This was the address on the letter I received from my favorite family in Madisi.
Carrot, his Mother and his brother Stephen, and their younger siblings have played a significant role in my experiences and life in Madisi.
The are my neighbors, they live on less than $1.25/day. They are practically raised by a single mother, since daddy is practicing polygamy and is usually out of the house.
Mom is a provider, trying as she sells groundnuts, and offers herself to do piece work within the community, resiliently, she smiles.
The Ibrahim family, and their smiles, oh my goodness, they are contagious. Carrot and I initially met back in 2010, when his smile captured me from across the room, and commanded my smile back. Now, I have memories of sitting inside on the simple bamboo mat in one of the two rooms of their mud/brick house, by candle light — telling stories. My Malawian momma, as I call Carrots’ mom, illuminates this small room, and humbles me with her words, as she calls me family, banja (in chichewa), O’hana (in Hawaiian, one of my favorite ways to say it). We sat, and she shared how she was scared to see me leave June 2012, and how she was worried, she would never see me again.. She faithfully prayed and thanked God for bringing me into her and her families’ life. She told us this, and I felt her love. My heart felt.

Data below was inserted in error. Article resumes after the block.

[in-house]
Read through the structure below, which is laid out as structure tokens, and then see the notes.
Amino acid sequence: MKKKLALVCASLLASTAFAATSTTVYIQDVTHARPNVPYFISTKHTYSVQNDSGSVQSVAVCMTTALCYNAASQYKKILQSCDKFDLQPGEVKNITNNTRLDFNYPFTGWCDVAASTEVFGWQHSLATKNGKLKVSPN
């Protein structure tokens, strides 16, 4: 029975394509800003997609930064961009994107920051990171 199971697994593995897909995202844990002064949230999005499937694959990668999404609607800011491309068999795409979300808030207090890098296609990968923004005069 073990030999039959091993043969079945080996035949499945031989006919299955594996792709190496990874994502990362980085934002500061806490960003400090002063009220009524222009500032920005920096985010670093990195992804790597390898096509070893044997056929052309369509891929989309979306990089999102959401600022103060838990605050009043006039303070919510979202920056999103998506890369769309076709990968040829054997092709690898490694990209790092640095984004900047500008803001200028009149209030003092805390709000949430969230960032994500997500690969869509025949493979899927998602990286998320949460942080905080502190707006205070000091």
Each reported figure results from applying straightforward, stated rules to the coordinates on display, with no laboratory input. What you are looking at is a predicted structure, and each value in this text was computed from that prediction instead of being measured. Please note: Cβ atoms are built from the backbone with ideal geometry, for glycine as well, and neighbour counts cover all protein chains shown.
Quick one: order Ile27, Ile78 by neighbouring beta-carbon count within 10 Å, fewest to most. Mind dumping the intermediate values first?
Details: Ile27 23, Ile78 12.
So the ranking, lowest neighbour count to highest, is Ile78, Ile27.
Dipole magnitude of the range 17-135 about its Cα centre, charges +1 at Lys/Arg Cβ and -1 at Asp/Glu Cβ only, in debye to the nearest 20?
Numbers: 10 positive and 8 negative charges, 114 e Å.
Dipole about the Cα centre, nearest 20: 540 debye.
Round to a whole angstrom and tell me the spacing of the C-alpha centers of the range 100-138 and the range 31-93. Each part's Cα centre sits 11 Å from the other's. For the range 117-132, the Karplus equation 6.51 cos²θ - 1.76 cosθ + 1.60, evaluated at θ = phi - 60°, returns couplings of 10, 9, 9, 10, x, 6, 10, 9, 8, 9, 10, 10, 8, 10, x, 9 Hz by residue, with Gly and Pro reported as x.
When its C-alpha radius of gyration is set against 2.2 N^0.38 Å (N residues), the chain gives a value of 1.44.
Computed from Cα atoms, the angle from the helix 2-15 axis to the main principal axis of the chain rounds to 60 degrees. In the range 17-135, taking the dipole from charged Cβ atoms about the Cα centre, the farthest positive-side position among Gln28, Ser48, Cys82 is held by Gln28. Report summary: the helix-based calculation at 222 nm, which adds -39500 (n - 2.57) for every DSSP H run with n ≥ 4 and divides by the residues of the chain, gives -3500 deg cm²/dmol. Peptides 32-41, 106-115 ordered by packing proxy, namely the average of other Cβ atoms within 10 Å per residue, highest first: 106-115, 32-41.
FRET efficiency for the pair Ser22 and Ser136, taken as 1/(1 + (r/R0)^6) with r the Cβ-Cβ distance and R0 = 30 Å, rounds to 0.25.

She then let me introduce Ally and Holly, and with Stephen and Carrot helpfully able to translate, they were interpreting the girls’ stories into Chichewa. I was sharing how Holly re inspired the faith I had, in order to trust God, that coming back was in His plan. I shared how Holly had never been on a plane, yet had met friends in the U.S. that were from Malawi, and how she wanted to see the impact they are making in their own communities around Malawi. As for Ally, she has always dreamed of coming to Malawi; she has been praying for this country since she was a child. Her family was connected to a couple who served as missionaries in Malawi, hence, all the prayers. All this was shared, and translated and love was lit up in the eyes of mom, Carrot, Stephen, Ally, Holly and I. Pure joy was abound, and I am constantly thanking God for that night, and the unplanned moments in our trip, that made it more worthwhile.
Leaving Madisi, after 8 days was particularly difficult for my team, since they were absolutely in love, and impressed by the RiseMalawi Ministry and the impacts they are making on the young people. We said goodbye at camp, but could not leave without visiting our family, one last time.